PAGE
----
Activity of native tick kinins and peptidomimetics on the cognate target G protein-coupled receptor from the cattle fever tick, Rhipicephalus microplus (Acari: Ixodidae).

Activity of native tick kinins and peptidomimetics on the cognate target G protein-coupled... Kinins are multifunctional neuropeptides that regulate key insect physiological processes such as diuresis, feeding, and ecdysis. However, the physiological roles of kinins in ticks are unclear. Furthermore, ticks have an expanded number of kinin paracopies in the kinin gene. Silencing the kinin receptor (KR) in females of Rhipicephalus microplus reduces reproductive fitness. Thus, it appears the kinin signaling system is important for tick physiology and its disruption may have potential for tick control. http://www.deepdyve.com/assets/images/DeepDyve-Logo-lg.png Pest management science Pubmed

Activity of native tick kinins and peptidomimetics on the cognate target G protein-coupled receptor from the cattle fever tick, Rhipicephalus microplus (Acari: Ixodidae).

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Activity of native tick kinins and peptidomimetics on the cognate target G protein-coupled receptor from the cattle fever tick, Rhipicephalus microplus (Acari: Ixodidae).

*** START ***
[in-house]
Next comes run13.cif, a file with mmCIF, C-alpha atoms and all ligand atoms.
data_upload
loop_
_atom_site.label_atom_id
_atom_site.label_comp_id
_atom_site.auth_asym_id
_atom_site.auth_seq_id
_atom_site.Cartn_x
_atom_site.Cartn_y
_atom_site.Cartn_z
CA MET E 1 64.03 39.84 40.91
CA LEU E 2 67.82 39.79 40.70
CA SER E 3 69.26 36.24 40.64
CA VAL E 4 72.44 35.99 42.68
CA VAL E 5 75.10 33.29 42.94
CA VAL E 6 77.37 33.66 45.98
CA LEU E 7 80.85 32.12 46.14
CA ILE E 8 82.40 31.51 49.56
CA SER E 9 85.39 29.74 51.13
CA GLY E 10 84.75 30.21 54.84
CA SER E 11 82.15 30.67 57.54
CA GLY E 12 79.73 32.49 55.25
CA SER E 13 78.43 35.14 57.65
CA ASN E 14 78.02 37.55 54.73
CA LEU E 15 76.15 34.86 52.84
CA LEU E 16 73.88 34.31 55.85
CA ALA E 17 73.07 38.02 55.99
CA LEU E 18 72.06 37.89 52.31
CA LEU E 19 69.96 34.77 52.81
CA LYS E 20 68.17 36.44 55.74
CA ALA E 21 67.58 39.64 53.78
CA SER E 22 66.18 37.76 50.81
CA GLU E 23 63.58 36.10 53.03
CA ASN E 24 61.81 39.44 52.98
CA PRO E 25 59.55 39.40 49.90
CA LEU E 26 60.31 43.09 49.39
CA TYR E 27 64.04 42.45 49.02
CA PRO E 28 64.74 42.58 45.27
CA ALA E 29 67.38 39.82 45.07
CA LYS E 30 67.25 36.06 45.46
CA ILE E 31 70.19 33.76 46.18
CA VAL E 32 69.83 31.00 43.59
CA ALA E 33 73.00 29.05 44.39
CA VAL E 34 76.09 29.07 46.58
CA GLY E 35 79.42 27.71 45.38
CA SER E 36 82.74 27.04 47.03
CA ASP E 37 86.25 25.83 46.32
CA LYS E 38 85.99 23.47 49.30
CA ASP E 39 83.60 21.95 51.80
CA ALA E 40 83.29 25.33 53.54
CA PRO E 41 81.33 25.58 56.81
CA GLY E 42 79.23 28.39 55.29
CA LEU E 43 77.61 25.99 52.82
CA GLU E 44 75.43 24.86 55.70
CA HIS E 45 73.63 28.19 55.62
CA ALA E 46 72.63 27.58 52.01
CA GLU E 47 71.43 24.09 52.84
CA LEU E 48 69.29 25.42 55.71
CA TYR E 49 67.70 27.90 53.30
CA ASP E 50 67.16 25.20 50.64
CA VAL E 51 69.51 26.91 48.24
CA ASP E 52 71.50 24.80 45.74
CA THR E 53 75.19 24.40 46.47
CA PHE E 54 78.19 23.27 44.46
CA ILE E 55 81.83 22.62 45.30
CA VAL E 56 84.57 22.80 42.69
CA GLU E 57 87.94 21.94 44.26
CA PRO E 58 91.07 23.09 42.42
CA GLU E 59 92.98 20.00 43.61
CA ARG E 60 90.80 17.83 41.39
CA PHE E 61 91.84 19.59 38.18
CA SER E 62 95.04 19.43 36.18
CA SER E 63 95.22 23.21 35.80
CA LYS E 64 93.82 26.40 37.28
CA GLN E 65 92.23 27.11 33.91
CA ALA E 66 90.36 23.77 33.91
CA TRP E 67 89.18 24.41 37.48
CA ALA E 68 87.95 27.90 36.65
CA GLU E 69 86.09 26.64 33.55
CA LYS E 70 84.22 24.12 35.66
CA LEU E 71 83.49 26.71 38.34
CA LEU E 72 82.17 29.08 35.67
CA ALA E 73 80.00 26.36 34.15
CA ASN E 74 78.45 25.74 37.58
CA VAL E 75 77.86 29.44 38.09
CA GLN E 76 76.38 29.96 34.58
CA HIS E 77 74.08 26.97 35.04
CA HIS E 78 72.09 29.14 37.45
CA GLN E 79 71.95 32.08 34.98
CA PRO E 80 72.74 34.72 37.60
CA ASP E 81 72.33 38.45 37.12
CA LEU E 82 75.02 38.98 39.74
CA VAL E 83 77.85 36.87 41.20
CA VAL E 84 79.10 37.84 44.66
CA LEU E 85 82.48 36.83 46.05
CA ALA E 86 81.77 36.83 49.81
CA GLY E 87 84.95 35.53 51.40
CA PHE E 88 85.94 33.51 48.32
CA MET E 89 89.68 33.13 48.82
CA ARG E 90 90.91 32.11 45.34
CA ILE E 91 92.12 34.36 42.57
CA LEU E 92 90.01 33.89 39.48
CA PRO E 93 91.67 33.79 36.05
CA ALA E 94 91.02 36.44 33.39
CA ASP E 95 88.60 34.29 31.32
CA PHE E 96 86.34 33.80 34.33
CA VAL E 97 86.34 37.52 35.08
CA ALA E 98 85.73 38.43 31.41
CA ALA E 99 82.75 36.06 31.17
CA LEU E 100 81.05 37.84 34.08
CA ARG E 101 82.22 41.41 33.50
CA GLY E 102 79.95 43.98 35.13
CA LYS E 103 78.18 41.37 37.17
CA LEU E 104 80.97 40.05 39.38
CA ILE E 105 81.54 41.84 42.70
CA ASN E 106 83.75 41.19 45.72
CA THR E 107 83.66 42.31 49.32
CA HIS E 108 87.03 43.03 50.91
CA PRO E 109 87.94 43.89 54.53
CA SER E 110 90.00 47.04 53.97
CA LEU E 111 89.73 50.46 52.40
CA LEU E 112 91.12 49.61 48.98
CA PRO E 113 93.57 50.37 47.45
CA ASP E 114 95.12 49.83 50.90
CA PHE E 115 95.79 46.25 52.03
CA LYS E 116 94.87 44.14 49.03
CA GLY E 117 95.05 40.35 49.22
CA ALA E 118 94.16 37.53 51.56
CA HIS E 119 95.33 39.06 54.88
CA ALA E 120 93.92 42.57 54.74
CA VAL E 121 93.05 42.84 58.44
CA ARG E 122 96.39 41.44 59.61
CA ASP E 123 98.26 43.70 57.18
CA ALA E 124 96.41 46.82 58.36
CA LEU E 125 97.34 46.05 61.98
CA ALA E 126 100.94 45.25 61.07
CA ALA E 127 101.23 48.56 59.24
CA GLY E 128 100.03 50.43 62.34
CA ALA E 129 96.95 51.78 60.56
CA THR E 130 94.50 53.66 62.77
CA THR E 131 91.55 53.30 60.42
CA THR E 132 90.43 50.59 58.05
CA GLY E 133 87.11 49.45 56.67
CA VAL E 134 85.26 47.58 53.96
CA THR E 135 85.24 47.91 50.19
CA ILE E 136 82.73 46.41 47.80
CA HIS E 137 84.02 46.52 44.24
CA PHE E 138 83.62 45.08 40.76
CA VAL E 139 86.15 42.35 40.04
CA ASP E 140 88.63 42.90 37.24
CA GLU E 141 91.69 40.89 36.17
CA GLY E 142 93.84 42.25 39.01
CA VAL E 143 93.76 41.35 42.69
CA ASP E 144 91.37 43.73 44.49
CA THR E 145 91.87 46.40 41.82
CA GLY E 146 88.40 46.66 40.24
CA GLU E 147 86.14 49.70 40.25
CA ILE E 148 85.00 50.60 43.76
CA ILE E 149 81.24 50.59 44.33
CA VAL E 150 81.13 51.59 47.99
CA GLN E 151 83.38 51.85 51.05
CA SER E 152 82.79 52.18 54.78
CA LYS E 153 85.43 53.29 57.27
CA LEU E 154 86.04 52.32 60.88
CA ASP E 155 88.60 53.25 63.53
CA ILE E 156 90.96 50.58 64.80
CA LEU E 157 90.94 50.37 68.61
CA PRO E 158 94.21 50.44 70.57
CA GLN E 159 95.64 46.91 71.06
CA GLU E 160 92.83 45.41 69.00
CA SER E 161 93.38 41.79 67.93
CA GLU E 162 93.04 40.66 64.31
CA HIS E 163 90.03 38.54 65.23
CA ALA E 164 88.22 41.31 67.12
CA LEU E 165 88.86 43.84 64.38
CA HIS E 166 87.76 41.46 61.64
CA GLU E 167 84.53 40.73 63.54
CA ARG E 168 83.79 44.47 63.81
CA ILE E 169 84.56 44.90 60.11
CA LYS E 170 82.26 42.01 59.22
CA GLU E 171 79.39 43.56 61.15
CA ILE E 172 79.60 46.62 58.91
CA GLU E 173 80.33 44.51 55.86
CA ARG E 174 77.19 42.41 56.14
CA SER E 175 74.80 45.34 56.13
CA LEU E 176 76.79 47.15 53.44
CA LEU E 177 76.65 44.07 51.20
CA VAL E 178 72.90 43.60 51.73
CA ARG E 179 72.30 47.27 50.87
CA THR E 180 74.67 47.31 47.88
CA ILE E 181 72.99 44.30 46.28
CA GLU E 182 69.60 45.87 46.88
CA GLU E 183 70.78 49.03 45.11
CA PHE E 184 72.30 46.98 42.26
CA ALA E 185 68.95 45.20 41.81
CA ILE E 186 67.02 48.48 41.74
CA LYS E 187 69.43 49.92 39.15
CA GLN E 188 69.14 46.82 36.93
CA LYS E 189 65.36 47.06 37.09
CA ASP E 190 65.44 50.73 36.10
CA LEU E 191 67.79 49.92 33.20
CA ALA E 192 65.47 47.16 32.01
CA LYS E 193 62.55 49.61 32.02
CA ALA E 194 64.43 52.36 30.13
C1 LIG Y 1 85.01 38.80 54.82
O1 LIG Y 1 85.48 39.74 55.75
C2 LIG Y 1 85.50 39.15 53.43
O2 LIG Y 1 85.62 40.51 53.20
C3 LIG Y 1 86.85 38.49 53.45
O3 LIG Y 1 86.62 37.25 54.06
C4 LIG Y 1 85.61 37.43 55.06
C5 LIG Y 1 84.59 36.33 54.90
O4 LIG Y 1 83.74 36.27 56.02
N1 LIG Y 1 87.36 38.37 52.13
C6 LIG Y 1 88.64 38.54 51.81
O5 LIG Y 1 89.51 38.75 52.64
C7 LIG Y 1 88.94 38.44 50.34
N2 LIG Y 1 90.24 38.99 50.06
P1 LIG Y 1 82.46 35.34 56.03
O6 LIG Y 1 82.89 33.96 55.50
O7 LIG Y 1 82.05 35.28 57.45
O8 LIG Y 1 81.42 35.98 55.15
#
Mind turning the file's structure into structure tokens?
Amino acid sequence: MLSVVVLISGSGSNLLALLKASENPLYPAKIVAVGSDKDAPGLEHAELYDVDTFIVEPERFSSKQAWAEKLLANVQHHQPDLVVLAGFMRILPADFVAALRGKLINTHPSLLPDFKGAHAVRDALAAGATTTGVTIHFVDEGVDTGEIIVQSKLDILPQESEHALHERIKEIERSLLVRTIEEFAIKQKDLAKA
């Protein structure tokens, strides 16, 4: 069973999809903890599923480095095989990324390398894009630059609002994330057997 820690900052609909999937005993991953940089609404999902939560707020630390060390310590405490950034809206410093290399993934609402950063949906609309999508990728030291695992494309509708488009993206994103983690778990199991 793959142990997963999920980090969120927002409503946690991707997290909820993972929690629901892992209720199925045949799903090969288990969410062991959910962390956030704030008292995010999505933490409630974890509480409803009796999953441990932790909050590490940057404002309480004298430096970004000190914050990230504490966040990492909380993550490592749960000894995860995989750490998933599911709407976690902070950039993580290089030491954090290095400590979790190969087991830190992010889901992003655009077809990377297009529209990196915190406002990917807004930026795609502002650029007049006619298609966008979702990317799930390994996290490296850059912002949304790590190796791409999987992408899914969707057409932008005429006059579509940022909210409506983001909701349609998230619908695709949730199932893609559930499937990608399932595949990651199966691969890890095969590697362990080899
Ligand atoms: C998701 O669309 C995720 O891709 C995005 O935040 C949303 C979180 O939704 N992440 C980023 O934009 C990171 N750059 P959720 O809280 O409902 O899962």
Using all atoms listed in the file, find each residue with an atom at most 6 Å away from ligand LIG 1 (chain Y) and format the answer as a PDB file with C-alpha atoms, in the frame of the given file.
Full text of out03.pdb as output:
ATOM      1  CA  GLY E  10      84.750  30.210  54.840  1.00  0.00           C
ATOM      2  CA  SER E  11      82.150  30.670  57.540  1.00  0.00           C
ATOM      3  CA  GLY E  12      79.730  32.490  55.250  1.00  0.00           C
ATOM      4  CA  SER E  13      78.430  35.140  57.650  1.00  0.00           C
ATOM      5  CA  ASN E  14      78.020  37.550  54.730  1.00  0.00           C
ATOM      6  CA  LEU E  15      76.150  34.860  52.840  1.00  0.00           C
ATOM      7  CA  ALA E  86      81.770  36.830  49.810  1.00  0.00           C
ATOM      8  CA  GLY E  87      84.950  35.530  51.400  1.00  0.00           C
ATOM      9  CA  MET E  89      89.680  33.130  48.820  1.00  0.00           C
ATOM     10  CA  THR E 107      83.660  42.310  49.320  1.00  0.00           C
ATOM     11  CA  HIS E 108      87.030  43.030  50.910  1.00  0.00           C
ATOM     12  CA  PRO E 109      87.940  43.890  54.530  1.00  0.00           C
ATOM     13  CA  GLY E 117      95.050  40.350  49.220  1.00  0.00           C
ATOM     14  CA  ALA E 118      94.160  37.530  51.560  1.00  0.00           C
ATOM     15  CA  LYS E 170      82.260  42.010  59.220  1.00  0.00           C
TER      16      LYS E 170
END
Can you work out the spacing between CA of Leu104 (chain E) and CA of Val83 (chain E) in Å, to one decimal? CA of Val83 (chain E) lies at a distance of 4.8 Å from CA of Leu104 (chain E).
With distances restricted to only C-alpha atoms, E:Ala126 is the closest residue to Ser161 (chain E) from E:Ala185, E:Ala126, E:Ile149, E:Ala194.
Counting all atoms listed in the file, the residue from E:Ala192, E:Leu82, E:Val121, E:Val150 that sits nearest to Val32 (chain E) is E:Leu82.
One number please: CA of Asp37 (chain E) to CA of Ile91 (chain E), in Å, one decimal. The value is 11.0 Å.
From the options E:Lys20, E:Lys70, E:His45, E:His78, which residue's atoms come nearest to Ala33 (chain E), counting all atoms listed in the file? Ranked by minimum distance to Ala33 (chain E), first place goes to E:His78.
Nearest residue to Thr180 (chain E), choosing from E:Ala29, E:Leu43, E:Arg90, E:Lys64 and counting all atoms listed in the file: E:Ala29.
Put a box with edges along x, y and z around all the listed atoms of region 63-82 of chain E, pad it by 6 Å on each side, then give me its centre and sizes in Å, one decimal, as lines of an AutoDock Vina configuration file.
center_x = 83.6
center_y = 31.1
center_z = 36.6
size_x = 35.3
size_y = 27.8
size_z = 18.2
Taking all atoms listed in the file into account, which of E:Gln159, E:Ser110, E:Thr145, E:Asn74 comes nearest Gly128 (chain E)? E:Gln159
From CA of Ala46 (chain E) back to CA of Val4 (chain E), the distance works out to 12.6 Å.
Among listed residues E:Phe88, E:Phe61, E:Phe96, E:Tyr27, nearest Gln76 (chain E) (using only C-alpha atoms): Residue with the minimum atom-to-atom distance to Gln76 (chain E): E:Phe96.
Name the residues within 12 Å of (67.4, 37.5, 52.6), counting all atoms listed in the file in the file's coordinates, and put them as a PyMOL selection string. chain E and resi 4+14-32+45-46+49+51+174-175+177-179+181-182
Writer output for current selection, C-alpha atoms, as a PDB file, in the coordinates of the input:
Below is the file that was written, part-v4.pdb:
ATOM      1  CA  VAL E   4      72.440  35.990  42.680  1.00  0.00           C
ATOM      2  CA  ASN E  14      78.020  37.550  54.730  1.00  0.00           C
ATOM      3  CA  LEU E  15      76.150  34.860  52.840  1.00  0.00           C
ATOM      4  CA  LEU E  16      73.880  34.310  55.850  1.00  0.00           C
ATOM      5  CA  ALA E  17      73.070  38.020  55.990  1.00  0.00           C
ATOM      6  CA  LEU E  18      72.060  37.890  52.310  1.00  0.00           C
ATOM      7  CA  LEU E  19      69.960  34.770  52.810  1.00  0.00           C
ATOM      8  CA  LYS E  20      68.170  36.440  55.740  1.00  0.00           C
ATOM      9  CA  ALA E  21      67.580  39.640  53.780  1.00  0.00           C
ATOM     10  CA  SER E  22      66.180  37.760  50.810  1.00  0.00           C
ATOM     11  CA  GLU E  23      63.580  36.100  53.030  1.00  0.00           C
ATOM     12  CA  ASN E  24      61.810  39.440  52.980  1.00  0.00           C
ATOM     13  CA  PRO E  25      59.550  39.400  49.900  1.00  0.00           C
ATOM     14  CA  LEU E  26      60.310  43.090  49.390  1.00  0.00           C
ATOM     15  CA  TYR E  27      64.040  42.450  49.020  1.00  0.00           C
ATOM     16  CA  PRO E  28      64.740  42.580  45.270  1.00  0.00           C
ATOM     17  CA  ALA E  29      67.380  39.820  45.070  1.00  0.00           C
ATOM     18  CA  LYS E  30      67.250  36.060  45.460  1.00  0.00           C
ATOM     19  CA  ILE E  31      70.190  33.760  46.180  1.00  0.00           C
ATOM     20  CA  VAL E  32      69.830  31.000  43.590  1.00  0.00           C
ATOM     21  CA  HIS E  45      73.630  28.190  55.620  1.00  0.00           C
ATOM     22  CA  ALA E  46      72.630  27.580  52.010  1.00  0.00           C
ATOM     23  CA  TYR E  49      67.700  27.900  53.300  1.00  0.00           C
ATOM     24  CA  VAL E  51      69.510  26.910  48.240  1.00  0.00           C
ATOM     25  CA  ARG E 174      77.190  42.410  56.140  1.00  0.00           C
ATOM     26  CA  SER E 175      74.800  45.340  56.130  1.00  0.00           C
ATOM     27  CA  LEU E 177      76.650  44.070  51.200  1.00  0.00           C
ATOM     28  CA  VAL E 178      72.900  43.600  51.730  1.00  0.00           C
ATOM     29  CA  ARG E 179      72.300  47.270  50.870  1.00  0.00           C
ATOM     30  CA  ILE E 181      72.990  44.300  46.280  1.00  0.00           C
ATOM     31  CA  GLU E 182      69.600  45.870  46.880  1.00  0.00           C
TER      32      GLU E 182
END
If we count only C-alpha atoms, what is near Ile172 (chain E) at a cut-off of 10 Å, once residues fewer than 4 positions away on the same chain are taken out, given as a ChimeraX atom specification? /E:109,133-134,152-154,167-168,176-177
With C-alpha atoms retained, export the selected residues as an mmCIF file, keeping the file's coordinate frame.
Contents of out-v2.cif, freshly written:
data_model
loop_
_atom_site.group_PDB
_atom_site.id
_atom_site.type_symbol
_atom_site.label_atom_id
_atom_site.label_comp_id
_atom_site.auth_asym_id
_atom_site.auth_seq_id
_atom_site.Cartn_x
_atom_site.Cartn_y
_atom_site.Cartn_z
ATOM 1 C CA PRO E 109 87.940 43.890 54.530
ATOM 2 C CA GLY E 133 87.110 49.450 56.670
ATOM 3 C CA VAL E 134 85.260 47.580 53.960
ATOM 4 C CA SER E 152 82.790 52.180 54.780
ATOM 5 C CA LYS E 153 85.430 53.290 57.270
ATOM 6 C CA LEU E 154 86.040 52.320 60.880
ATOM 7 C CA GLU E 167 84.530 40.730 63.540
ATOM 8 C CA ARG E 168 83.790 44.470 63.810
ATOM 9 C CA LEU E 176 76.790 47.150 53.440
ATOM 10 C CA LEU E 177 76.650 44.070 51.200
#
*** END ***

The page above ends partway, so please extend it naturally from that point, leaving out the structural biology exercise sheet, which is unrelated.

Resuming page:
Pest management science: 1 – Jan 8, 2020

Abstract

Kinins are multifunctional neuropeptides that regulate key insect physiological processes such as diuresis, feeding, and ecdysis. However, the physiological roles of kinins in ticks are unclear. Furthermore, ticks have an expanded number of kinin paracopies in the kinin gene. Silencing the kinin receptor (KR) in females of Rhipicephalus microplus reduces reproductive fitness. Thus, it appears the kinin signaling system is important for tick physiology and its disruption may have potential for tick control.
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DOI
10.1002/ps.5704

Abstract

Kinins are multifunctional neuropeptides that regulate key insect physiological processes such as diuresis, feeding, and ecdysis. However, the physiological roles of kinins in ticks are unclear. Furthermore, ticks have an expanded number of kinin paracopies in the kinin gene. Silencing the kinin receptor (KR) in females of Rhipicephalus microplus reduces reproductive fitness. Thus, it appears the kinin signaling system is important for tick physiology and its disruption may have potential for tick control.

Journal

Pest management sciencePubmed

Published: Jan 8, 2020

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